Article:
There is no question that getting spectrum into the hands of broadband providers is the primary objective at the FCC right now – it was mentioned in opening remarks of legislators and commissioners alike.
Other topics of interest to broadcasters that came up: Cell phone outages (which could impact the use of the FM chip in phones), indecency, eliminating cross-ownership restrictions, focusing on consumer protection and complaint acceptance and implantation of shot and sunset clocks.
Here are summaries of the commissioners’ remarks.
* Julius Genachowski: Primary focus is promoting broadband. Working had on complex task of implementing incentive auctions – should put forward proposals by fall and solicit broad public comment. The FCC is focused on knocking down the backlog of pending items.
* Robert McDowell: To-do list: Spectrum auctions, media ownership rules, turning back international efforts to regulate the internet. Should avoid over-engineering the auctions. Ownership revamping is in order to reflect new competitive realities. Largely eliminate cross-ownership. Clarify indecency policy and process 1.5M indecency complaints that have been accumulating for years.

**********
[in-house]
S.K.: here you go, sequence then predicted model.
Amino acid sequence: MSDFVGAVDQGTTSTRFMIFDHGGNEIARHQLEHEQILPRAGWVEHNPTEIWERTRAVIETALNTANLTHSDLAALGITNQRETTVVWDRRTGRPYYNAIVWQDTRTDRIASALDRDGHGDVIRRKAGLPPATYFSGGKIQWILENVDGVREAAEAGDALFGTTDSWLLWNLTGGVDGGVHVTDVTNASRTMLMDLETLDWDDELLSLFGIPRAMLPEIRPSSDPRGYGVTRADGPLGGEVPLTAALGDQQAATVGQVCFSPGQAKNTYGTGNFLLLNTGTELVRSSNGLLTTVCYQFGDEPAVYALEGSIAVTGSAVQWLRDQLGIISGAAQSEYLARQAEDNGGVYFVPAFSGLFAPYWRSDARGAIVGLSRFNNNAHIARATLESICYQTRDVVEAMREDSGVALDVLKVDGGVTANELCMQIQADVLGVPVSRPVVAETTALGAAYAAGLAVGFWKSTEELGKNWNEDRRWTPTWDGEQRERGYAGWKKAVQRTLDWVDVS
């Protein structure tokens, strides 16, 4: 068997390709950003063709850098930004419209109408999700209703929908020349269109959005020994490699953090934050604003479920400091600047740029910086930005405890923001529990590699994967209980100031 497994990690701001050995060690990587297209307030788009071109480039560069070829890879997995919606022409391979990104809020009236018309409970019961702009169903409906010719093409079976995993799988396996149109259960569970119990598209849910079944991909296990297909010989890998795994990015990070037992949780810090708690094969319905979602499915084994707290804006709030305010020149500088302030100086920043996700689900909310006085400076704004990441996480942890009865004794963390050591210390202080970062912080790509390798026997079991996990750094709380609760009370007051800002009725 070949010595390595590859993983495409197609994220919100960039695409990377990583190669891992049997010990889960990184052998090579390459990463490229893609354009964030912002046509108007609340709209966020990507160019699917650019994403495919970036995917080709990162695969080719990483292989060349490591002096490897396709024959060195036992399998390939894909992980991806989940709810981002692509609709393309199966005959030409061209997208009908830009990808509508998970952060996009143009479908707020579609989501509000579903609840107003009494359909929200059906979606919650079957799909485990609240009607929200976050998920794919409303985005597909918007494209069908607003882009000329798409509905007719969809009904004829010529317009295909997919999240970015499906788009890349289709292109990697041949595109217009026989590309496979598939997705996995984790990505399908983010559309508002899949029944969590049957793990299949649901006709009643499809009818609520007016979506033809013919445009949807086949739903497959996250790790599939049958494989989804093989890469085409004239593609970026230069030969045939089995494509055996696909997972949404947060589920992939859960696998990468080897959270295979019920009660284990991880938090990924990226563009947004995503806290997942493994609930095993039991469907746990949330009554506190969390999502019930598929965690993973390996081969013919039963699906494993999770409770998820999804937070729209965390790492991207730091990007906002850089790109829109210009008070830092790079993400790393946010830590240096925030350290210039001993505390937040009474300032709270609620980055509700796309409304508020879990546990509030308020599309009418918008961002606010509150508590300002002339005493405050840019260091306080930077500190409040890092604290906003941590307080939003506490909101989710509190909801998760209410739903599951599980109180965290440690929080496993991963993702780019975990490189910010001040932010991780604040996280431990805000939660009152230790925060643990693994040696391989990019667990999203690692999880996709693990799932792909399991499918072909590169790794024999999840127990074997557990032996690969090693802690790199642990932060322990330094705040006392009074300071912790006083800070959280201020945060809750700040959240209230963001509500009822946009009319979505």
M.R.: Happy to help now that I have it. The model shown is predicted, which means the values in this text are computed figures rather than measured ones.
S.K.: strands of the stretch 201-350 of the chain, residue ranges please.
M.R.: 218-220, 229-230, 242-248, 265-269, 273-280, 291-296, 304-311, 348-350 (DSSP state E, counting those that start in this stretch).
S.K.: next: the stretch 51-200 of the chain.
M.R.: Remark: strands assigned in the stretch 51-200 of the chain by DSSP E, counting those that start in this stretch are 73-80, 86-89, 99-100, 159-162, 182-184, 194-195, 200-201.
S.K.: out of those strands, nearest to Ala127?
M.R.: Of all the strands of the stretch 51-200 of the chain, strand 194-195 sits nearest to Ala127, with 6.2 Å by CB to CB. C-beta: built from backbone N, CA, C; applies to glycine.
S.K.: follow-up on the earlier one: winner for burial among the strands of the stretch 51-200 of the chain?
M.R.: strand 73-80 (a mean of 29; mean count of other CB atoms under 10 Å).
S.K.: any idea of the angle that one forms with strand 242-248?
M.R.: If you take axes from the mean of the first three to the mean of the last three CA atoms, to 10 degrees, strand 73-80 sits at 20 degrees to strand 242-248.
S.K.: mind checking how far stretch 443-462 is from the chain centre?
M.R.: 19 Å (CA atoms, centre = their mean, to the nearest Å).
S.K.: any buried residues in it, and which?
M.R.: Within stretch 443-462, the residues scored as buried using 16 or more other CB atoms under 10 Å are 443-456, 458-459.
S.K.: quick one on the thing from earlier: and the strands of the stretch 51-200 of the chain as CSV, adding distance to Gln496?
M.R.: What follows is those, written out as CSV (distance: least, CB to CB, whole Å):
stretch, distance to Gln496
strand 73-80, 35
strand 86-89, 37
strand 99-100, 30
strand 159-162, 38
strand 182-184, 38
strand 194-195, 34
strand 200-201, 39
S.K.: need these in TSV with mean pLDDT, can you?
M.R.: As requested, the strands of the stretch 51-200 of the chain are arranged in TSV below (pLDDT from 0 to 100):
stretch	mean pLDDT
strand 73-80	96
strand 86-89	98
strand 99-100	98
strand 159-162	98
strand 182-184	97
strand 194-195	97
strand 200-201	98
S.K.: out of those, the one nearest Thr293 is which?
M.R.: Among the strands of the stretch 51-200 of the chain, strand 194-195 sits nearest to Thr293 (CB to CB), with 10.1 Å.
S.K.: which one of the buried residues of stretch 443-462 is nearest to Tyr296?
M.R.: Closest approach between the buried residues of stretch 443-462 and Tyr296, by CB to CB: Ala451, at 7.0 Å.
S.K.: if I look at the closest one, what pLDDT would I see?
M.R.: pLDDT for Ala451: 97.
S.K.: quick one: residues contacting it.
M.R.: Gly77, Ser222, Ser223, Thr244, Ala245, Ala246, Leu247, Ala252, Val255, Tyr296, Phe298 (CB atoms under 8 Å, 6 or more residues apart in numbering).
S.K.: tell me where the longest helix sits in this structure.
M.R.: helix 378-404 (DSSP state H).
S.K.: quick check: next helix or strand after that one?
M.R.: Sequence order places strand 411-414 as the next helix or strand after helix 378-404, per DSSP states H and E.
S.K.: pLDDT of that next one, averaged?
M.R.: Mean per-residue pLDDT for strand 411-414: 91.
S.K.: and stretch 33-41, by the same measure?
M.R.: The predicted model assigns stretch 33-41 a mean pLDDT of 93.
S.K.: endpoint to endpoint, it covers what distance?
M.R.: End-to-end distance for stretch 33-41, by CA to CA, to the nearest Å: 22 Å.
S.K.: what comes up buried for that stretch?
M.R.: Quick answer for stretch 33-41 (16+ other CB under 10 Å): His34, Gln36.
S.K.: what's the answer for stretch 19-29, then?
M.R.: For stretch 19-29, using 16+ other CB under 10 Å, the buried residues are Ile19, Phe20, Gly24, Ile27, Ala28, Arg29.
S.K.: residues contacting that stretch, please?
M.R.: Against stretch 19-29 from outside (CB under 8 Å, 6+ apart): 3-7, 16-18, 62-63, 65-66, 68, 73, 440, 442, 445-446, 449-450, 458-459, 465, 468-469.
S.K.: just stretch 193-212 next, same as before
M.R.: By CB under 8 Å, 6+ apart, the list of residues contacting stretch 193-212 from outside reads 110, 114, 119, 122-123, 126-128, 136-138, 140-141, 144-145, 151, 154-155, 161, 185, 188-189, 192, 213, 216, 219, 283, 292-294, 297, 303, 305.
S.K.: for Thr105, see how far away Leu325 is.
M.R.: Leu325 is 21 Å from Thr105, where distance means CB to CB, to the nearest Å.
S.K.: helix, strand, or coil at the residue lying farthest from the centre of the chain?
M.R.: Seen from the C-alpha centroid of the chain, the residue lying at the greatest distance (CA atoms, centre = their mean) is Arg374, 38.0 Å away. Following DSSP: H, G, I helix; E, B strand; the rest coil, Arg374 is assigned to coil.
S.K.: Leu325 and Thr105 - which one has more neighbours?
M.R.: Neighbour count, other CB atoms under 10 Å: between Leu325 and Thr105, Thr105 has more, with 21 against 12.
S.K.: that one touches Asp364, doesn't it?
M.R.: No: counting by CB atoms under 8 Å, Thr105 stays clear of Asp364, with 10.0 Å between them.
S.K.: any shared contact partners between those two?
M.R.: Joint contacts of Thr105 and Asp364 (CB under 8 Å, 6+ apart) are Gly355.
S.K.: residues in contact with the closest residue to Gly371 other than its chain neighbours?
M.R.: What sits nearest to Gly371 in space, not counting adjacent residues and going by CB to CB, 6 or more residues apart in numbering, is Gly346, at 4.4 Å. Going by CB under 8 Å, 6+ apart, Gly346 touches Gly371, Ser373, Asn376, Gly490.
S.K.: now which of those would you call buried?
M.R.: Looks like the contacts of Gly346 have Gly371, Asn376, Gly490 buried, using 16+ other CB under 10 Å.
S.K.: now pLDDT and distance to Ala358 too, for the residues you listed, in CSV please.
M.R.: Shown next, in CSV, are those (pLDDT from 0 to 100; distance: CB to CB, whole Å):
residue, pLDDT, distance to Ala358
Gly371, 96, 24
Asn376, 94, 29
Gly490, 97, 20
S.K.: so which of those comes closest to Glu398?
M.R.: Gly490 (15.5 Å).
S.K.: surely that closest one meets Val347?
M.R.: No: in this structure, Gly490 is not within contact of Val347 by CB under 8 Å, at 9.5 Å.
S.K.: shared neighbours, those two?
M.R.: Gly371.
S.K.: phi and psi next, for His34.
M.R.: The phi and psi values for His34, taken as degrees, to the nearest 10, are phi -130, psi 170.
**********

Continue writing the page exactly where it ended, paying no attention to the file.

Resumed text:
* Mignon Clyburn: Focuses on competition as a means to serve consumers, and said regulation to be sure that happens is appropriate at times. She also praised 21st Century Communications and Video Accessibility Act, which will providea certain amount of audio narration of broadcast television material for the benefit of the visually-impaired.
* Jessica Rosenworcel: Power outages – FCC must investigate, get the facts wherever they lead and fix the problem. Competitive markets, consumer protection, improve consumer complaint process. Focus on spectrum demand. Make sure room is left for unlicensed devices.
* Ajit Pai: All parties agree: FCC must become more nimble and efficient. Shot clocks, sunset clocks will help. Need to act on spectrum. Take all-of-the-above approach, soon. Thanks committee for its bill on process reform, says FCC should follow it even though it hasn’t made it through Senate.